Bronx Borough Ruben Diaz, Jr. has been under fire recently for his insensitivity to the pressures, past and present, on Bronx neighborhoods: His attendance at a “the Bronx is burning“-themed Halloween party ruffled a few feathers. And whether it was backing the city-subsidized move of Fresh Direct from Queens to Mott Haven, or dismissing some anti-gentrification activists as “anarchists,” the beep hasn’t been known as a foe of development.
But when it comes to Mayor de Blasio’s development ambitions, embodied in two zoning proposals intended to pave the way for more density and more subsidized housing, Diaz is standing with the skeptics. His Bronx Borough Board (consisting of Diaz, the councilmembers from the Bronx and the chairs of the borough’s 12 community boards) voted 19-0 against City Hall’s zoning proposals Thursday, with one abstention..
Here’s the statement Diaz issued after the vote:
It is clear today that The Bronx stands united in one voice in opposition to these two proposals—”Zoning for Quality & Affordability” and “Mandatory Inclusionary Housing”—that Mayor de Blasio has put forward for our consideration. I add my voice to that opposition today, and I cast my vote against these items.
So many different groups, organizations, and other concerned citizens came before our boards and my office to voice their concerns about these proposals. And so many different communities have different reasons to be opposed to this “one size fits all” approach to the future development of our borough and our city.
The “neighborhood by neighborhood” approach to planning has been very successful in The Bronx. The borough has adopted no less than 14 rezonings since 2009. These proposed text amendments go against the grain of this successful approach to community-based planning, and must be rejected. One size does not fit all.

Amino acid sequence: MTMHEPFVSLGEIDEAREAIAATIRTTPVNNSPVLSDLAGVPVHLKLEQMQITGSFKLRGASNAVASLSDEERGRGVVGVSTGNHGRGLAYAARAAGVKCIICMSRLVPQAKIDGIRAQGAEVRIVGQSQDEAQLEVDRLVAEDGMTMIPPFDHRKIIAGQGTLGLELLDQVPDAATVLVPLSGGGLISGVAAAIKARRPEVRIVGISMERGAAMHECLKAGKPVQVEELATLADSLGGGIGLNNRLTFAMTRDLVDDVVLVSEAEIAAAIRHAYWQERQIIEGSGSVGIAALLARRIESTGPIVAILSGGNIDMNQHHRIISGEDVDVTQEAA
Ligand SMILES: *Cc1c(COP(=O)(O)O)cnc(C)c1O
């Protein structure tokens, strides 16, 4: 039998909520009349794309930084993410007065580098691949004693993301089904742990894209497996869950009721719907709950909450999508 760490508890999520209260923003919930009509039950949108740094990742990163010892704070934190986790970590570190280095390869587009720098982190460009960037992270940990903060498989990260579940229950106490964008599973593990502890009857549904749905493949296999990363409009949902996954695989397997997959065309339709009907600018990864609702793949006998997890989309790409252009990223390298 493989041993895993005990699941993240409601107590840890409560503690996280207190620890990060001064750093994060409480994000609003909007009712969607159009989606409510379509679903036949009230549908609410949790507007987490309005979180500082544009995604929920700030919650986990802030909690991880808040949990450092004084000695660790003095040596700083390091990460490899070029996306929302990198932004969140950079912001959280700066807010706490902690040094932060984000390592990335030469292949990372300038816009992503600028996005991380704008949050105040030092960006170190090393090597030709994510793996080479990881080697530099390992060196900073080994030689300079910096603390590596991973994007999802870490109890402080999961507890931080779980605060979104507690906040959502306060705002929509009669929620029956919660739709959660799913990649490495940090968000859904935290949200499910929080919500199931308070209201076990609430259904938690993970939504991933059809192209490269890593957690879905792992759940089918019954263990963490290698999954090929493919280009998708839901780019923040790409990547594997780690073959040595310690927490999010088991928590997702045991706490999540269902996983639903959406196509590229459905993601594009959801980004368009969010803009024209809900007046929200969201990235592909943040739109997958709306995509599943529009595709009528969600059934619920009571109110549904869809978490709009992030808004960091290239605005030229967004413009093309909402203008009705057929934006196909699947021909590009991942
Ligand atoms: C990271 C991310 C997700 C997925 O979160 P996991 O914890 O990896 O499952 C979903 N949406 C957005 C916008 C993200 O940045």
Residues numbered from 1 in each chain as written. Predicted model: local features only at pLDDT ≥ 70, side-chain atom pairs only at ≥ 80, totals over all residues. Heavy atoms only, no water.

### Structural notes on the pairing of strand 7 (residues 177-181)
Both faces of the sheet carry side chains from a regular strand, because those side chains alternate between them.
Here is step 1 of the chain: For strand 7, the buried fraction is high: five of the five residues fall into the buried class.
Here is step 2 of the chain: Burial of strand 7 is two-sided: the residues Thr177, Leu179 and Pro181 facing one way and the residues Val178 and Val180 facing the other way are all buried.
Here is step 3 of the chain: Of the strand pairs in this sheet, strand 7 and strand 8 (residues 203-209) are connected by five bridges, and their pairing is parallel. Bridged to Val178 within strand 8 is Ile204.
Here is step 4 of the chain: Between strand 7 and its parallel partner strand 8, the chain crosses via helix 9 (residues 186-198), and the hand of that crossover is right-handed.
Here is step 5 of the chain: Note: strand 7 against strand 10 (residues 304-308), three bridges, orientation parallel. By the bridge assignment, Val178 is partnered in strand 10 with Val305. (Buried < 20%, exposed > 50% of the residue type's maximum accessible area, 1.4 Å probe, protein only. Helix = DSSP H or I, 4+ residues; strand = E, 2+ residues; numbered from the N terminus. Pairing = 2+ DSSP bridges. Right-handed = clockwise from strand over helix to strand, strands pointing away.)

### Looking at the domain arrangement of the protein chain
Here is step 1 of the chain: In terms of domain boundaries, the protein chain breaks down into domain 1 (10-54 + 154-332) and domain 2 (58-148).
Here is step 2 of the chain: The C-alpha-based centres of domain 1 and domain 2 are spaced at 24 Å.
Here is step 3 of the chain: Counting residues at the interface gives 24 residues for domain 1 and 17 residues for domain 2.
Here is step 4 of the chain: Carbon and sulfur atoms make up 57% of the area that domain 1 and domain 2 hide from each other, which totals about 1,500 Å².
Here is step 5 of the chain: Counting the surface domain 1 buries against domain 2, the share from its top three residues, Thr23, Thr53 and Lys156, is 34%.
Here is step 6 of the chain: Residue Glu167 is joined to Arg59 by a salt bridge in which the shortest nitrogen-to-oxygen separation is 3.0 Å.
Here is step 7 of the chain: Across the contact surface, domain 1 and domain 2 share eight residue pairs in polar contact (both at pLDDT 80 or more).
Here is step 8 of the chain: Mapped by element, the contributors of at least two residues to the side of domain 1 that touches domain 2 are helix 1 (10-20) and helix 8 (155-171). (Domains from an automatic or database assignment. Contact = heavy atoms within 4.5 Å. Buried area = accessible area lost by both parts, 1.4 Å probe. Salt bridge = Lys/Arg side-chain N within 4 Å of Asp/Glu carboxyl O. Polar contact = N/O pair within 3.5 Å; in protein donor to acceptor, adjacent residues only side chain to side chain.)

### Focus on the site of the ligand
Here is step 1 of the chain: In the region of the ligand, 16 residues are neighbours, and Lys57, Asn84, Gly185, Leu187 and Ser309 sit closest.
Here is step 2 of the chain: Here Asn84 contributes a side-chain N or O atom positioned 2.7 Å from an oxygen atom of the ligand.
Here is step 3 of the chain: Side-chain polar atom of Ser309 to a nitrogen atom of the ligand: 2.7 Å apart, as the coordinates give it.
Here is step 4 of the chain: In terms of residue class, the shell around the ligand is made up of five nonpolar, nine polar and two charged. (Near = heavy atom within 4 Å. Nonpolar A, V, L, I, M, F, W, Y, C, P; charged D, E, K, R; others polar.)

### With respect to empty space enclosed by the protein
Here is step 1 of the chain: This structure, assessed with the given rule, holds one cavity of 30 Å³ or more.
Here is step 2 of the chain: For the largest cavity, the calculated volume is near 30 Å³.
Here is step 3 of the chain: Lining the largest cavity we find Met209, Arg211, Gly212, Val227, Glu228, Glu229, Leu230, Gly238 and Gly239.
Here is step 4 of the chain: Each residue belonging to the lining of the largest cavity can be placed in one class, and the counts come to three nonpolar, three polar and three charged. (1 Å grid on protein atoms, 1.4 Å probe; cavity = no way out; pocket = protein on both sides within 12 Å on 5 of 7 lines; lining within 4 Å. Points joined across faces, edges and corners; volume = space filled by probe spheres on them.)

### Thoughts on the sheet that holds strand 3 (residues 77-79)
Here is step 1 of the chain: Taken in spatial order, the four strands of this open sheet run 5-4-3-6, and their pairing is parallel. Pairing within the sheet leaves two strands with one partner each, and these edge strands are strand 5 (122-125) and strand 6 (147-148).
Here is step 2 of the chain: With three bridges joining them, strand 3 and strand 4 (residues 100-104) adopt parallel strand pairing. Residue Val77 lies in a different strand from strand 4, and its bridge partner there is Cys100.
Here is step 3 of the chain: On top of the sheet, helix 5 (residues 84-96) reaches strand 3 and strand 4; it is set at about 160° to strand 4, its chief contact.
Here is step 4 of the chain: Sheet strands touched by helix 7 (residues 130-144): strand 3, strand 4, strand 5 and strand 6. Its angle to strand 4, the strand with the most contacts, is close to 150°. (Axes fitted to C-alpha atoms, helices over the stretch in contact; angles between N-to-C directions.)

Despite the impact these combined proposals will have on density within our city, this administration has failed to discuss the social and physical infrastructure necessary to accommodate this new development. How will the additional seniors be serviced? Are there enough school seats for the children accompanying their parents as they move into new affordable units? Will existing transit options be able to handle a new influx of commuters? These questions, and many others, remain asked and unanswered.
One issue, the elimination of parking requirements, has been met with universal concern. The half-mile distance proposed from subway stations is too far to be considered a convenient walking distance. Additional criticisms are that, as the plan stands, The Bronx could be left out of opportunities for both low and moderate-income housing.
When real estate professionals and community housing advocates who seldom agree on anything have put forward serious criticisms of these text amendments, it is clear that what is being proposed is wrong for this borough and this city.
One universal critique of Mayor de Blasio’s proposal that has resonated across every community in this borough, and in fact across the city, is the speed of the process. Sixty days is not enough time to consider a massive, fundamental change to how development works in this city. In fact, the accelerated timeline this administration has imposed on us seems designed to limit community input, and to force us to accept these changes as written.
Mayor de Blasio and the Department of City Planning are moving too fast. These proposals must be reconsidered.
These are tremendously flawed proposals that, if adopted, would remove public input from the development process and attempt to paint future development of our unique communities with one broad brushstroke.
Allowing just 60 days for our community boards to weigh in on these proposals is disrespectful to the boards, their members and the neighborhoods they serve, and goes against the spirit of progressive, inclusionary and transparent government.
As chairman of this board, I speak for all of us in urging the City Council and our speaker, Melissa Mark-Viverito, to heed the united voices of The Bronx—and the growing chorus of opposition in every corner of this city—and to stop this proposal when it comes before the City Council.
It’s worth noting that the timeline for considering the de Blasio proposals appears to be what’s called for under the city’s decades-old ULURP process.